Create account Log in

Episode II

[Edit]

Download links and information about Episode II by Safri Duo. This album was released in 2001 and it belongs to Electronica, Rock, Dancefloor, Dance Pop genres. It contains 9 tracks with total duration of 49:11 minutes.

Artist: Safri Duo
Release date: 2001
Genre: Electronica, Rock, Dancefloor, Dance Pop
Tracks: 9
Duration: 49:11
Buy on iTunes $4.99
Buy on Amazon $5.99
Buy on Music Bazaar €3.41
Buy on Music Bazaar €1.38

Tracks

[Edit]
No. Title Length
1. Played-A-Live (The Bongo Song) 6:45
2. Snakefood 6:03
3. A-Gusta 5:38
4. Samb-Adagio 5:57
5. Everything 6:01
6. Everything Epilogue 2:38
7. Crazy Benny 5:32
8. Baya Baya 5:26
9. Adagio 5:11

Details

[Edit]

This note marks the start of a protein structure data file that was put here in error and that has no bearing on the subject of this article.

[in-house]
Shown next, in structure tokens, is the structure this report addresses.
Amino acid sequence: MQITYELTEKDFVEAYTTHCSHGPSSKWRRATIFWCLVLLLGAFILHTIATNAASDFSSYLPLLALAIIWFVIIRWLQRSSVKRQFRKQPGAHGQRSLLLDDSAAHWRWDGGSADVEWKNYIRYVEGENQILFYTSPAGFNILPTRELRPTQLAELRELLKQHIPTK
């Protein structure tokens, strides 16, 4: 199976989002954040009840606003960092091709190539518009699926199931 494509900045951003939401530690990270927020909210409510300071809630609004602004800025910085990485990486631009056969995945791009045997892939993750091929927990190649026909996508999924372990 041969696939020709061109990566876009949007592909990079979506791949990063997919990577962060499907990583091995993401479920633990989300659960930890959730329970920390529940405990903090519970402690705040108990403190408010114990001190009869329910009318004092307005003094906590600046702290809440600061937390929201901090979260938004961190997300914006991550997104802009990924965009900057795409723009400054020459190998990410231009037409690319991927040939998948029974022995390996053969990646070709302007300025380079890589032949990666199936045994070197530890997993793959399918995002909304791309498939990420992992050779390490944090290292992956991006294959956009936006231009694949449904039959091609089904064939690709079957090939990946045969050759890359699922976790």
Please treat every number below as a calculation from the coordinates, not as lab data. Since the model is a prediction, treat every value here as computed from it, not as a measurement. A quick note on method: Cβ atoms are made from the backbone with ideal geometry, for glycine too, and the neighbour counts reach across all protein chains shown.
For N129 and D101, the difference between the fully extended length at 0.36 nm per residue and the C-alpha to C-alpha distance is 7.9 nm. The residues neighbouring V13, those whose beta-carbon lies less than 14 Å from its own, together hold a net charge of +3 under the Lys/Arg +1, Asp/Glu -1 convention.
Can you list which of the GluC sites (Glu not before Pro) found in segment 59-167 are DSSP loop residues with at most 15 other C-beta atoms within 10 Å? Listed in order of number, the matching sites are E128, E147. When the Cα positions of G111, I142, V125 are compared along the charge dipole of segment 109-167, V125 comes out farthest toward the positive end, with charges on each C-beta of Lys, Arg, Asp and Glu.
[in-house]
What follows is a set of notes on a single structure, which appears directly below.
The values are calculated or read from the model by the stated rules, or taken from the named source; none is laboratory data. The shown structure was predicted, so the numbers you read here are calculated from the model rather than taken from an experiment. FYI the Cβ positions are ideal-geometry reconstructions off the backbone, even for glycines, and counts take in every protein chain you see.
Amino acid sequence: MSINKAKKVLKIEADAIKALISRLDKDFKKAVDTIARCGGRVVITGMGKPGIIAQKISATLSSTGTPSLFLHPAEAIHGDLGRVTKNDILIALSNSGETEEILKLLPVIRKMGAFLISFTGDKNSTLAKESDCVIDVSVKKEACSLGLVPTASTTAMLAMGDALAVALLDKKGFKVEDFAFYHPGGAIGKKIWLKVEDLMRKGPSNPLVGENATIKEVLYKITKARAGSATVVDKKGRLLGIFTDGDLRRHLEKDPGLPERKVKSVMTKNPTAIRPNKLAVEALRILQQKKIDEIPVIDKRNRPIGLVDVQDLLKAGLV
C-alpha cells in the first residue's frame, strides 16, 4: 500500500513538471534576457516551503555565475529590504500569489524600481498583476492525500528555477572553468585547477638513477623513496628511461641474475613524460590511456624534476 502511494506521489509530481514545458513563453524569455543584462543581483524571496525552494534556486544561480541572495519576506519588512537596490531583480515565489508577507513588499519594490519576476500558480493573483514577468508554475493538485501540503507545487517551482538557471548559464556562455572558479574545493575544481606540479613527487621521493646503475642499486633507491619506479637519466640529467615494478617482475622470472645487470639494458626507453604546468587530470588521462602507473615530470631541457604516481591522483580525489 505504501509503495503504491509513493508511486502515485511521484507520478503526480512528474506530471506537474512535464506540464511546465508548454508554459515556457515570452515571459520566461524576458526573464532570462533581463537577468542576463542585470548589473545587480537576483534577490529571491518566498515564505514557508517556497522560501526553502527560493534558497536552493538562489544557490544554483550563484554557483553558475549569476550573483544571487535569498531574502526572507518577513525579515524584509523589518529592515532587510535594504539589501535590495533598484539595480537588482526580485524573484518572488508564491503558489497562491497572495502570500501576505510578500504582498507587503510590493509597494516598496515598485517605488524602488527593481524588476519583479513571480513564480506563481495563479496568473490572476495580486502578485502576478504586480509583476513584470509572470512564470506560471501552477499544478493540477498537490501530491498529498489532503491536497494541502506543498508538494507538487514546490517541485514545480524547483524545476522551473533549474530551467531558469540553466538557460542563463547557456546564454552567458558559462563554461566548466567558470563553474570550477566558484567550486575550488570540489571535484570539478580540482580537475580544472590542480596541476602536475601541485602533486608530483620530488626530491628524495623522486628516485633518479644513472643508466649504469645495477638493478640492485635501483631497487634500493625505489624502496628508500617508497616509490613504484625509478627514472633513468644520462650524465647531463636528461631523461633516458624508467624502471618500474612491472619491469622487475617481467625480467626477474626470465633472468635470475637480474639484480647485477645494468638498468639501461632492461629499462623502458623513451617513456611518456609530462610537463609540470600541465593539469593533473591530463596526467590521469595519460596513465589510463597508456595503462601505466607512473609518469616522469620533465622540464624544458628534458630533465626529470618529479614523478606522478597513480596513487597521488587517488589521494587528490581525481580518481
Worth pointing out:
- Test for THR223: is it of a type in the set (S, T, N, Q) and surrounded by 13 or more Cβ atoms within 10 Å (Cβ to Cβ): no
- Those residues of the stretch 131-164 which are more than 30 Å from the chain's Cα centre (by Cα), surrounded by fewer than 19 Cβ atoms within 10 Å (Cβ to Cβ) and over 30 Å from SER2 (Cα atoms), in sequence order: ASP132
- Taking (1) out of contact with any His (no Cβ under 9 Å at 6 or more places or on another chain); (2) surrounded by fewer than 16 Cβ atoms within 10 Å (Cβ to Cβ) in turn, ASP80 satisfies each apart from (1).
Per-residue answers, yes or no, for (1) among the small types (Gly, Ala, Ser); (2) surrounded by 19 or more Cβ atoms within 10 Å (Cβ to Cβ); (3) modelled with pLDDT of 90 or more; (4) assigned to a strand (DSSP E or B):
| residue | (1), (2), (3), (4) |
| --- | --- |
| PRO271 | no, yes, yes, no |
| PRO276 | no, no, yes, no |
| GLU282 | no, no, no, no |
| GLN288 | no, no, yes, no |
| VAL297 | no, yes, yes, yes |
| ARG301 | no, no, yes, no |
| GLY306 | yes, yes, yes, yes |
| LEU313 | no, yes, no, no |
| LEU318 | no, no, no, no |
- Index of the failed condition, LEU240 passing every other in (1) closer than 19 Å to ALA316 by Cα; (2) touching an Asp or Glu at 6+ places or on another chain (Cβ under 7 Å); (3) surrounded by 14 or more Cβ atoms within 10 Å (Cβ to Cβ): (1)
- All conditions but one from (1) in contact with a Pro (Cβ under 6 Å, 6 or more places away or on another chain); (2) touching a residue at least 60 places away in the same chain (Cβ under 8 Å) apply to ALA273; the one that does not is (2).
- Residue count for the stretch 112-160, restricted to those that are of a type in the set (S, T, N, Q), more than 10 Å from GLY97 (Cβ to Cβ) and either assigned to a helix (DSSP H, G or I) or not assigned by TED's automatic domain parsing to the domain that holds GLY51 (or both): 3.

The Safri Duo sounds like the name of an Indian pop or bhangra act, but this twosome doesn't specialize in modern Indian music — and shouldn't be confused with the Safri Boys, a bhangra group based in England. The Safri Duo consist of two Danish artists: Uffe Savery and Morten Friis, neither of whom are known for their Indo-pop credentials. However, Episode II does have a lot of world music appeal. The Safri Duo offer electronic dance music, and their instrumental jams combine electronica with a variety of world music. Savery and Friis aren't the first people to do this sort of thing, but even so, Episode II manages to be fairly fresh sounding. Some artists who have provided an electronica-world fusion have done so without any acoustic instruments whatsoever — they play synthesizers and drum machines exclusively. This CD, however, finds the Safri Duo using the marimba and various ethnic percussion instruments as well as the synthesizers, samplers, and other electronic instruments that are typical of electronica. And during the course of the album, Savery and Friis successfully combine European electronica with everything from Middle Eastern and African music to Brazilian samba. While some club-minded electronica is amelodic, Episode II isn't the sort of rave music that is all beat and no melody — in fact, the Safri Duo are usually quite musical. Episode II is slightly uneven, but more often than not the material is memorable — and the Safri Duo deserve credit for keeping things unpredictable.